‘She never forgives. She never forgets. She never left.’
The Woman in Black: Angel of Death is a 2014 British horror film directed by Tom Harper from a screenplay by Jon Croker, based on a story by Susan Hill. It stars Helen McCrory, Jeremy Irvine, Leanne Best, Ned Dennehy and Adrian Rawlins.
Hammer Films CEO Simon Oakes has let it be known that this sequel to The Woman in Black (2012) is intended to be the start of a new franchise.
As bombs rain down on London during the Blitz of World War II, a group of school children are evacuated with Eve, their young and beautiful schoolteacher, to the safety of the English countryside.
Taken to an old and empty estate, cut off by a causeway from the mainland, they are left at Eel Marsh House.
One by one the children begin acting strangely, and Eve, with the help of local military commander Harry, discovers that the group has awoken a dark force even more terrifying and evil than the city’s air raids. Eve must now confront her own demons to save the children and survive The Woman in Black…
“If you’re looking for a good old fashioned haunted house horror then The Woman in Black: Angel of Death should be right up your street. Where, in my opinion, the first Woman in Black (starring a rather wooden Daniel Radcliffe) failed to make a lasting impression, this sequel has you sitting uncomfortably from the start, in part thanks to a much better lead actor (Phoebe Fox).” Step Into Film
“The Woman in Black 2 Angel of Death is brimming with great imagery courtesy of the rich location, but the Eel Marsh House alone isn’t enough to make this a worthy sequel to the 2012 original. The Woman in Black mythology is in there, but this time around it takes a back seat to an endless string of cheap and desperate scares.” Perri Nemiroff, Collider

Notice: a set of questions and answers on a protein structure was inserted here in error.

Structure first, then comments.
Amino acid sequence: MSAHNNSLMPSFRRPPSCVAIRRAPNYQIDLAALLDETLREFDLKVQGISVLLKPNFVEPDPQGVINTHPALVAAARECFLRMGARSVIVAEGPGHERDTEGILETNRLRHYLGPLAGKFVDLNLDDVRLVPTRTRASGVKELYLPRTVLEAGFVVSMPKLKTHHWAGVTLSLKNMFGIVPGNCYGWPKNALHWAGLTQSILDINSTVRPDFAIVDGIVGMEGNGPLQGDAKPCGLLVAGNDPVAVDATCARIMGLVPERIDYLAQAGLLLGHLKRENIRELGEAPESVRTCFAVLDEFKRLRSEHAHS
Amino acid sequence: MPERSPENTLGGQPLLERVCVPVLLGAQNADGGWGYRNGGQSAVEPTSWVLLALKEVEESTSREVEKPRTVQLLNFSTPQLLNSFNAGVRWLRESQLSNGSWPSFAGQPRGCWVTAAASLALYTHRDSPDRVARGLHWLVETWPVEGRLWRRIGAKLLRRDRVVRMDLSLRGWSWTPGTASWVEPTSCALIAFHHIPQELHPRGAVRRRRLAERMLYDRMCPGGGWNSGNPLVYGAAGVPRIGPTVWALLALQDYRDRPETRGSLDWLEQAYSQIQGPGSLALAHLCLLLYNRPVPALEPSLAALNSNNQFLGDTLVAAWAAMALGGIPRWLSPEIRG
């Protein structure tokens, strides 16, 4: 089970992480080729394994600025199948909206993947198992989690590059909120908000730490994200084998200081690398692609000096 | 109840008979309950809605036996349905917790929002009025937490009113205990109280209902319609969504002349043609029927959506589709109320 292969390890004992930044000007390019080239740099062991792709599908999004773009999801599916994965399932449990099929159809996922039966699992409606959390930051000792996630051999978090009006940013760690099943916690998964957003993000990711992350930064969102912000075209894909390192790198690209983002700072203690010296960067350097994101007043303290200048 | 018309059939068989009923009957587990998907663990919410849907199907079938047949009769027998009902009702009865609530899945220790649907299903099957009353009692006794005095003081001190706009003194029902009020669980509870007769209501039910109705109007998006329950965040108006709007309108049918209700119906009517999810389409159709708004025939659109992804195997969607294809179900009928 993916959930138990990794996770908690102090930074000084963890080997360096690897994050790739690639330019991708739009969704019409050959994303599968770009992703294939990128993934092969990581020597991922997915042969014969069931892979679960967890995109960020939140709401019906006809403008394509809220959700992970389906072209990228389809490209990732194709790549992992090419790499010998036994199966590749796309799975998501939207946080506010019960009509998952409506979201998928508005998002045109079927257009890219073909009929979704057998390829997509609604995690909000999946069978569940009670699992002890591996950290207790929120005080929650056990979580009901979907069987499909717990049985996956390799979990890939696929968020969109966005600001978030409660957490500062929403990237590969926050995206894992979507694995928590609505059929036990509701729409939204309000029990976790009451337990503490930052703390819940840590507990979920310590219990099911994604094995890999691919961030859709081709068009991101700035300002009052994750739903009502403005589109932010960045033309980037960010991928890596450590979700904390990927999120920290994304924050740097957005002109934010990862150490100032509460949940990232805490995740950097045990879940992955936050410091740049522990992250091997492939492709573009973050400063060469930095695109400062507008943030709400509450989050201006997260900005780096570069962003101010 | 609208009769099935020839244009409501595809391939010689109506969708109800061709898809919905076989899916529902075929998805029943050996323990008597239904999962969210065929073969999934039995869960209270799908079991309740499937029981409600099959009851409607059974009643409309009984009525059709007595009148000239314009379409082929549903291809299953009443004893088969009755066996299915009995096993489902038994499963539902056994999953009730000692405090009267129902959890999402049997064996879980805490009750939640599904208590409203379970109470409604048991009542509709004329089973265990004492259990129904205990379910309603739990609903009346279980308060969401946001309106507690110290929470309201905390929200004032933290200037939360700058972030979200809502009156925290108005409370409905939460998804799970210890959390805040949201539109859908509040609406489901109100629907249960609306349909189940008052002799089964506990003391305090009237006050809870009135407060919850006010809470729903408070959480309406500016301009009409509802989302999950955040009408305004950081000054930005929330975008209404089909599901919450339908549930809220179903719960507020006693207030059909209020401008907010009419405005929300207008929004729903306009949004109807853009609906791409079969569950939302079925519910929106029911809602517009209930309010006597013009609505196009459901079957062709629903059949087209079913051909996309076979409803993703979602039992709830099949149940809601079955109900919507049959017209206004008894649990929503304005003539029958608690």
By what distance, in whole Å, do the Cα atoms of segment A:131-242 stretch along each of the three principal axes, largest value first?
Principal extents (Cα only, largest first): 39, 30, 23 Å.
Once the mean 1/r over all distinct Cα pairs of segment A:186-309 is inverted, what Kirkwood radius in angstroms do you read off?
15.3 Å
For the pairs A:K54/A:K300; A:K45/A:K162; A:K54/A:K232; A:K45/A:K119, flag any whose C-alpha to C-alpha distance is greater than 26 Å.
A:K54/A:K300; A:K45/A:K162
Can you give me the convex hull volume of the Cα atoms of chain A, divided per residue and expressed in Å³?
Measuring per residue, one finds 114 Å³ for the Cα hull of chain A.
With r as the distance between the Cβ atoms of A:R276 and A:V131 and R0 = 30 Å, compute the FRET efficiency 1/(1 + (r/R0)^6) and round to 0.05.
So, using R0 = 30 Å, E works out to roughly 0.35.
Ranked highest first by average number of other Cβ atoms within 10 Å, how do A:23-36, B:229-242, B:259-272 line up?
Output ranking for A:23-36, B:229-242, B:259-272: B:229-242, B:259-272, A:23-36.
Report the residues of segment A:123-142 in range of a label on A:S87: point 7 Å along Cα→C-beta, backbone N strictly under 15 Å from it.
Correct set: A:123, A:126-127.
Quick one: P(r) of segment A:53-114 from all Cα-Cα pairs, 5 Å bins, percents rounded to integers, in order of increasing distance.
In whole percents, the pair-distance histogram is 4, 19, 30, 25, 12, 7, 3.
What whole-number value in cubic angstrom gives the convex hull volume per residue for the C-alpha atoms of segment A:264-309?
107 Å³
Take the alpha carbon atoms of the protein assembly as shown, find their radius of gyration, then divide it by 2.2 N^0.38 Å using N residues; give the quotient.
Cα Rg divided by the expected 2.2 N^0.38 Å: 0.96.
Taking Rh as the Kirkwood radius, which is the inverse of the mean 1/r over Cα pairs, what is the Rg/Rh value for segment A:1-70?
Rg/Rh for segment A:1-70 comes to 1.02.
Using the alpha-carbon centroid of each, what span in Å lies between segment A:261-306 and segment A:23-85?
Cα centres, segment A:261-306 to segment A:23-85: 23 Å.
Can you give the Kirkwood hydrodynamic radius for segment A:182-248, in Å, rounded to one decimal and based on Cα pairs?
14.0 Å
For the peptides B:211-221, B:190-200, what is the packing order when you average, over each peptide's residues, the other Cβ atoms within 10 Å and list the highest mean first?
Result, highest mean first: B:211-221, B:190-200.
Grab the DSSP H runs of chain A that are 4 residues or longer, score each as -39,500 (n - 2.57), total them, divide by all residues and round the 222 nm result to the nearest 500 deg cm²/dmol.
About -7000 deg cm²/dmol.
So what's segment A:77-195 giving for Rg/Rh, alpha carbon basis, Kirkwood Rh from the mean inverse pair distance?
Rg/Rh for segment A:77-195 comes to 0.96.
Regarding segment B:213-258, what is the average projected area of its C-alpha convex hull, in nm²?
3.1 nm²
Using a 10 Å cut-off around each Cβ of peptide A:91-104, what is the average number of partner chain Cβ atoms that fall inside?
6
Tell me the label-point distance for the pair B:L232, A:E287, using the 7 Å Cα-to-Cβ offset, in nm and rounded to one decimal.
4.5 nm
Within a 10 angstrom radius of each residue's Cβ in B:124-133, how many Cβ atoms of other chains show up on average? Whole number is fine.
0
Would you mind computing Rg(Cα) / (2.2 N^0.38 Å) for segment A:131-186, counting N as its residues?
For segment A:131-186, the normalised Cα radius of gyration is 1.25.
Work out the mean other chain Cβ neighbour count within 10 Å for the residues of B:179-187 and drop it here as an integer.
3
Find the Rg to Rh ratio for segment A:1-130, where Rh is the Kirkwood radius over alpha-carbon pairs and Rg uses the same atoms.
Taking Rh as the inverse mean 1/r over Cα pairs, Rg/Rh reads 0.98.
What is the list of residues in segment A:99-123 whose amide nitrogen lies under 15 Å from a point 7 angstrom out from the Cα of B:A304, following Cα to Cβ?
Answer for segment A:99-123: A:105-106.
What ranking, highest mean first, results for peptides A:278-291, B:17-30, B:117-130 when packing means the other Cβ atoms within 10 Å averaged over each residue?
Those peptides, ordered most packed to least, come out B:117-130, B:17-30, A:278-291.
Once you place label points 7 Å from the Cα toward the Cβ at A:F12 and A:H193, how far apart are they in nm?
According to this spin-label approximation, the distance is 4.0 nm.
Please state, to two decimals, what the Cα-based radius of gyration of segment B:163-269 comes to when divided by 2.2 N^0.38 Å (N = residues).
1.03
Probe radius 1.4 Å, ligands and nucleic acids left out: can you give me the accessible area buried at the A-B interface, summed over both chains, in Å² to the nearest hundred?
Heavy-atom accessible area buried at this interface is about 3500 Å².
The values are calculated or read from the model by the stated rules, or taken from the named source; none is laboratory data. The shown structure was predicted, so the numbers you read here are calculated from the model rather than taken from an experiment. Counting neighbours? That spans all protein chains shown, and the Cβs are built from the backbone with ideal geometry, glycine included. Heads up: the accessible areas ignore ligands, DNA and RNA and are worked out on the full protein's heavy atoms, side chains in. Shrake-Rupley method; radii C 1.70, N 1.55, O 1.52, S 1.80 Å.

“There are quite a few decent frights in the film and at times the tension is palpable. Overall the suspense is very well done but I do have one complaint that some of the frights are cheap jump scares that most will see coming but they are few and there are much better scares to put the film back on track.” Michael Juvinall, The Horror Society
“Some of its shock tactics are silly and derivative but the film ends in bravura fashion with a sweeping, one-shot sequence worthy of Terence Davies – one that suggests we won’t have to wait too long for the next sequel.” Geoffrey MacNab, The Independent
” …nothing much happens at all for the first hour of the new movie … aside from a few floorboards creaking, doors slamming and decrepit wind-up toys being brought mysteriously back to life. It’s clear that the Woman in Black (aka Jennet Humfrye) is stirring again, but boy does she take her sweet time about making a full-fledged appearance.” Scott Foundass, Variety
“It’s a traditional, sometimes predictable horror film, for sure, and lacks the depth and lasting resonance of something like The Babadook. But Angel Of Death is also atmospheric, well-acted, and laden with enough scares to leave us shuddering while the theatre lights are down.” Den of Geek
“The best scenes here use these specifics: a fake airplane landing field location; a gruesome use for a gas mask; the repressed guilt of survivors. But inevitably, back to the house and its black widow we go, and it’s business as usual.” Leigh Singer, IGN
Doctor Rose: “Rooms aren’t sad, Miss Parkins. People are.”
Cast and characters:
- Phoebe Fox as Eve Parkins – Deputy Headmistress
- Jeremy Irvine as Harry Burnstow
- Helen McCrory as Jean Hogg – Headmistress
- Adrian Rawlins as Doctor Rose
- Leanne Best as The Woman in Black
- Ned Dennehy as Old Hermit Jacob
- Oaklee Pendergast as Edward
- Jude Wright as Tom